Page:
“This is a pipeline to nowhere,” said Kerwin Olson, program director of the Indiana consumer and environmental advocacy group Citizens Action Coalition. “There’s no project under construction today to produce enough carbon to facilitate this. The four plants remain nothing more than PowerPoint presentations – they remain years away from becoming economically viable or even breaking ground.”

Denbury currently operates more than 400 miles of carbon dioxide pipelines concentrated in Mississippi, Louisiana and Texas, bringing carbon dioxide to its Gulf Coast enhanced oil recovery projects. It also has oil and pipeline operations in Wyoming. In the past decade the company produced more than 28 million barrels of oil from enhanced oil recovery, according to a presentation to a House joint committee in 2009. Pipeline proponents envision a network with auxiliary pipelines connecting carbon dioxide sources throughout the Midwest and Gulf Coast, potentially including oil refineries, ethanol plants and other carbon sources along with gasification plants.

The pipeline could find itself in competition with the federal government’s plans for a major carbon sequestration site in the Mt. Simon geologic formation in Illinois, to be built in connection with the FutureGen 2.0 “zero emissions” coal plant. Carbon dioxide from FutureGen would be piped to a carbon sequestration site somewhere else in central Illinois, where carbon dioxide from other sources would likely also be stored.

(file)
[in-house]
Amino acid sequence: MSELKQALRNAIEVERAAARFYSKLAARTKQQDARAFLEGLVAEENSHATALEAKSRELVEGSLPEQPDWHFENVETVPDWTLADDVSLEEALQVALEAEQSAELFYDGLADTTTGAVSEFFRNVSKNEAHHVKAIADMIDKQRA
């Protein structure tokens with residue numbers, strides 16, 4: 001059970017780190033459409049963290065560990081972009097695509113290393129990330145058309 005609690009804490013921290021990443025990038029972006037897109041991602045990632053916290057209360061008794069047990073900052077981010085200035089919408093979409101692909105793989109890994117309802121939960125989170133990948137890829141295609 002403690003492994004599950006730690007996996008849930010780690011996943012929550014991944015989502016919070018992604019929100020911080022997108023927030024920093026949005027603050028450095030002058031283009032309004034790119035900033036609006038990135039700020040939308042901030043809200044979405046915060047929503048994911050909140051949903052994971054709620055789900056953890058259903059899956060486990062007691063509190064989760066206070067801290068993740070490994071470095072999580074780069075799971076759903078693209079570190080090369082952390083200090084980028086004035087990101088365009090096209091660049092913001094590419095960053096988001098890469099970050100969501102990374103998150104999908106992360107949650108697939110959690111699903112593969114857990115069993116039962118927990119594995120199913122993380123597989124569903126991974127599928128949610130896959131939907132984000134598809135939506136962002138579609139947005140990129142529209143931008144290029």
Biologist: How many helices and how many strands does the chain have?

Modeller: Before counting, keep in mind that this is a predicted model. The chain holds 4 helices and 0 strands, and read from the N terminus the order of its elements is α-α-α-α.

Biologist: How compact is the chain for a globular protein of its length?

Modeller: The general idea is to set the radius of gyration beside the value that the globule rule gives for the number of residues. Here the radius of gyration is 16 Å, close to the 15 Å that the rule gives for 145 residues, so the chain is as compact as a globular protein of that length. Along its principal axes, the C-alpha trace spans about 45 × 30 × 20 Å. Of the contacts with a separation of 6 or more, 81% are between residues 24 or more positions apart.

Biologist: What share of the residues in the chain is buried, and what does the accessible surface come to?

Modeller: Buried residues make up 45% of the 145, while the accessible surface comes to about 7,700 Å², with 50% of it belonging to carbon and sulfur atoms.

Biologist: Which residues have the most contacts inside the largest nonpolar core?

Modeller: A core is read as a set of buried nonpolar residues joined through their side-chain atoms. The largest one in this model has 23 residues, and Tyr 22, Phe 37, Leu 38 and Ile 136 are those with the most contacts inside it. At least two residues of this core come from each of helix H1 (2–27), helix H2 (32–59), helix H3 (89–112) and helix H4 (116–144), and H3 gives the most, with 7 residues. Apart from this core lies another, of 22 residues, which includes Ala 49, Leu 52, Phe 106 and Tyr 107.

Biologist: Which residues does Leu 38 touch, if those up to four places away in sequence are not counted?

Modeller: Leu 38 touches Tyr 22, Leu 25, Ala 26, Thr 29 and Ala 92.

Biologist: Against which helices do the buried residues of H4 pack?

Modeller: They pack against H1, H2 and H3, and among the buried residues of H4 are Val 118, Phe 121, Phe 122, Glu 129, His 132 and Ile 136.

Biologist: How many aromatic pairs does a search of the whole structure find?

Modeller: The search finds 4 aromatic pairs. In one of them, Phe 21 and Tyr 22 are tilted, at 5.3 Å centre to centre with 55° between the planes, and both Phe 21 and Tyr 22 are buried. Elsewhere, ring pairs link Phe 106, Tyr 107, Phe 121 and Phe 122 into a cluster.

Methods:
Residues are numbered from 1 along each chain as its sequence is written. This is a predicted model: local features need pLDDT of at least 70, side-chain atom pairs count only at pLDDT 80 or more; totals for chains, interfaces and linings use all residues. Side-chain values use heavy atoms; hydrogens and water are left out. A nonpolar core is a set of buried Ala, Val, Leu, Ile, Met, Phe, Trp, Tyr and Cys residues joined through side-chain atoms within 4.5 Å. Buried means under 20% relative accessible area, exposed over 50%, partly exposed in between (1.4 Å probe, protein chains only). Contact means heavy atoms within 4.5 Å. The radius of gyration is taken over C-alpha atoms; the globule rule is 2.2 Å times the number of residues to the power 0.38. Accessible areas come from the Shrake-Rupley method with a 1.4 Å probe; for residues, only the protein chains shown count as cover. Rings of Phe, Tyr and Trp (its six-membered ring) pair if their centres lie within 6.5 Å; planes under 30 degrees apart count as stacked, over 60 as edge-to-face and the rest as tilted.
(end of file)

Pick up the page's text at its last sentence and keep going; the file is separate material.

John Thompson of the Clean Air Task Force said that a federal price or tax on carbon could also help drive the pipeline and gasification projects, giving companies more motivation to avoid pumping carbon dioxide into the atmosphere. But a price on carbon could also increase expenses for gasification plants, which would still likely emit some carbon dioxide even with a pipeline or sequestration outlet. Brandon Seitz, director of Indiana’s Office of Energy Development, said the pipeline and related gasification plants would “create the ability for the state to prepare for future legislation” putting a price on carbon.